tubercle) on the inner border of the upper surface represents the insertion site for scalenus anterior. The subclavian vein passes over the 1st
rib anterior to this tubercle whereas the subclavian artery and lowest
trunk of the brachial plexus pass posteriorly.
A cervical rib is a rare ‘extra’ rib which articulates with C7 posteriorly and the 1st rib anteriorly. A neurological deﬁcit as well as vascular insufﬁciency arise as a result of pressure from the rib on the lowest
trunk of the brachial plexus (T1) and subclavian artery, respectively
Joints of the thoracic cage (Figs 1.1 and 1.4)
• The manubriosternal joint is a symphysis. It usually ossiﬁes after the
age of 30.
• The xiphisternal joint is also a symphysis.
• The 1st sternocostal joint is a primary cartilaginous joint. The rest
(2nd to 7th) are synovial joints. All have a single synovial joint except
for the 2nd which is double.
• The costochondral joints (between ribs and costal cartilages) are primary cartilaginous joints.
• The interchondral joints (between the costal cartilages of the 8th, 9th
and 10th ribs) are synovial joints.
• The costovertebral joints comprise two synovial joints formed by the
articulations of the demifacets on the head of each rib with the bodies of
its corresponding vertebra together with that of the vertebra above. The
1st and 10th–12th ribs have a single synovial joint with their corresponding vertebral bodies.
• The costotransverse joints are synovial joints formed by the articulations between the facets on the rib tubercle and the transverse process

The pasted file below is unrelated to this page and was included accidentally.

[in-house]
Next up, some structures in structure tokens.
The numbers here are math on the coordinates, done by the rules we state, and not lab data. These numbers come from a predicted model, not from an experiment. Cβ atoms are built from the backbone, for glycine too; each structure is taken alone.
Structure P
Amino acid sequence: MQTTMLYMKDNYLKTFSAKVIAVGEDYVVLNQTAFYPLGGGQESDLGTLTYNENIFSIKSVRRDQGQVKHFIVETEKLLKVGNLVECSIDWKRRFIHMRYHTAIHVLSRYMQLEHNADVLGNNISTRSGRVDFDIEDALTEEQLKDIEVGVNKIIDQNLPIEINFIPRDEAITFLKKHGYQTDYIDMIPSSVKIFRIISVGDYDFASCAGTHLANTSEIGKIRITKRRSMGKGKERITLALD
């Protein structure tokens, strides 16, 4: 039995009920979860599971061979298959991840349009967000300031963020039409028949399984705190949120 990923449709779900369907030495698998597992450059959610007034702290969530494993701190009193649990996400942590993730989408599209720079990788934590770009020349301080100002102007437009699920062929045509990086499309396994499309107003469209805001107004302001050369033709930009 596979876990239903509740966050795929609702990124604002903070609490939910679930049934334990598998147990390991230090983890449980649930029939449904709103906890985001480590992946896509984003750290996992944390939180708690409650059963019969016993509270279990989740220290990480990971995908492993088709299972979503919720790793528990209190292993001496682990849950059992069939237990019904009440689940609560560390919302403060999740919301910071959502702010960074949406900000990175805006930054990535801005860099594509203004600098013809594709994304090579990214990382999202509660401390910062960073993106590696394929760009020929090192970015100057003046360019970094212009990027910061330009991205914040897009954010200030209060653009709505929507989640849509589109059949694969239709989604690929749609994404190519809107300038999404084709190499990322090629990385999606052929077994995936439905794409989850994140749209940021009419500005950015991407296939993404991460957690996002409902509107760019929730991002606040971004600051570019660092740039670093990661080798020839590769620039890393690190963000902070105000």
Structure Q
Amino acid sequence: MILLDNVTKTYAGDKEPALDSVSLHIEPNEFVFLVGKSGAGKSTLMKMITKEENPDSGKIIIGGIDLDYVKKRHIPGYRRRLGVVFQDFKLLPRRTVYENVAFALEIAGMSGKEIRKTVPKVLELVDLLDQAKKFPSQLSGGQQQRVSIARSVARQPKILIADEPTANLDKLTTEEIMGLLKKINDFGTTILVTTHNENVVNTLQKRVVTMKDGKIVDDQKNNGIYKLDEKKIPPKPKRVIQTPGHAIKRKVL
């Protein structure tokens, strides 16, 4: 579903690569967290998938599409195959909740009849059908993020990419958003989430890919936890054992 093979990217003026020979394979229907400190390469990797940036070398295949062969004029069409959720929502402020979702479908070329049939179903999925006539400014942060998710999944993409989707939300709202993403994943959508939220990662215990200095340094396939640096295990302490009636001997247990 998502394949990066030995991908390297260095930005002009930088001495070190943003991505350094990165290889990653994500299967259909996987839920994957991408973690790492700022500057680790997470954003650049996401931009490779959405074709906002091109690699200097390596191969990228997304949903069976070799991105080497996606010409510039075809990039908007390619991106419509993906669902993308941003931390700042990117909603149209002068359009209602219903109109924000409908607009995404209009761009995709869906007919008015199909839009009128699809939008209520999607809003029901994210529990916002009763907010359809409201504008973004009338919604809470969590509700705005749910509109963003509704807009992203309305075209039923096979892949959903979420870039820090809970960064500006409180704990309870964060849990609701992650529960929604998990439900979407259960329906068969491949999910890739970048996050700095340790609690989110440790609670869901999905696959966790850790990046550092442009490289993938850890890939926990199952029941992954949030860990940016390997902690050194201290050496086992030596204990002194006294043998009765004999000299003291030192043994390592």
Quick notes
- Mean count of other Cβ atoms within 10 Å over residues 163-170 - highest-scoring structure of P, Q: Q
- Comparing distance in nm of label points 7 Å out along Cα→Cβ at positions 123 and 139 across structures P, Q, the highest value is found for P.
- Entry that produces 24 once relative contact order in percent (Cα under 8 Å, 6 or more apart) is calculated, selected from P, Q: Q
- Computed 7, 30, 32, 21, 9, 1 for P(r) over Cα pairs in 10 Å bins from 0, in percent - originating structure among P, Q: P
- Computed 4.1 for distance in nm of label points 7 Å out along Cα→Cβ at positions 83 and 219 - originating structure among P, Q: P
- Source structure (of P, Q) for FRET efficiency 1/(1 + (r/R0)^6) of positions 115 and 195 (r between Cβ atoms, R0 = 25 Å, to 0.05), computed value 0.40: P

of its corresponding vertebra.
The thoracic wall I 7
2 The thoracic wall II
An intercostal space
The vessels and nerves
of an intercostal space
Inferior vena cava
Lateral arcuate ligament
Medial arcuate ligament
Third lumbar vertebra
The intercostal space (Fig. 2.1)
Typically, each space contains three muscles comparable to those of
the abdominal wall. These include the:
• External intercostal: this muscle ﬁlls the intercostal space from the
vertebra posteriorly to the costochondral junction anteriorly where it
becomes the thin anterior intercostal membrane. The ﬁbres run downwards and forwards from rib above to rib below.
• Internal intercostal: this muscle ﬁlls the intercostal space from the
sternum anteriorly to the angles of the ribs posteriorly where it becomes
the posterior intercostal membrane which reaches as far back as the
vertebral bodies. The ﬁbres run downwards and backwards.
• Innermost intercostals: this group comprises the subcostal muscles
posteriorly, the intercostales intimi laterally and the transversus thoracis anteriorly. The ﬁbres of these muscles span more than one intercostal space.
The neurovascular space is the plane in which the neurovascular
bundle (intercostal vein, artery and nerve) courses. It lies between the
internal intercostal and innermost intercostal muscle layers.
The intercostal structures course under cover of the subcostal
groove. Pleural aspiration should be performed close to the upper border of a rib to minimize the risk of injury.
Vascular supply and venous drainage of the chest wall
The intercostal spaces receive their arterial supply from the anterior
and posterior intercostal arteries.
• The anterior intercostal arteries are branches of the internal thoracic
artery and its terminal branch the musculophrenic artery. The lowest
two spaces have no anterior intercostal supply (Fig. 2.2).
• The ﬁrst 2–3 posterior intercostal arteries arise from the superior
intercostal branch of the costocervical trunk, a branch of the 2nd part of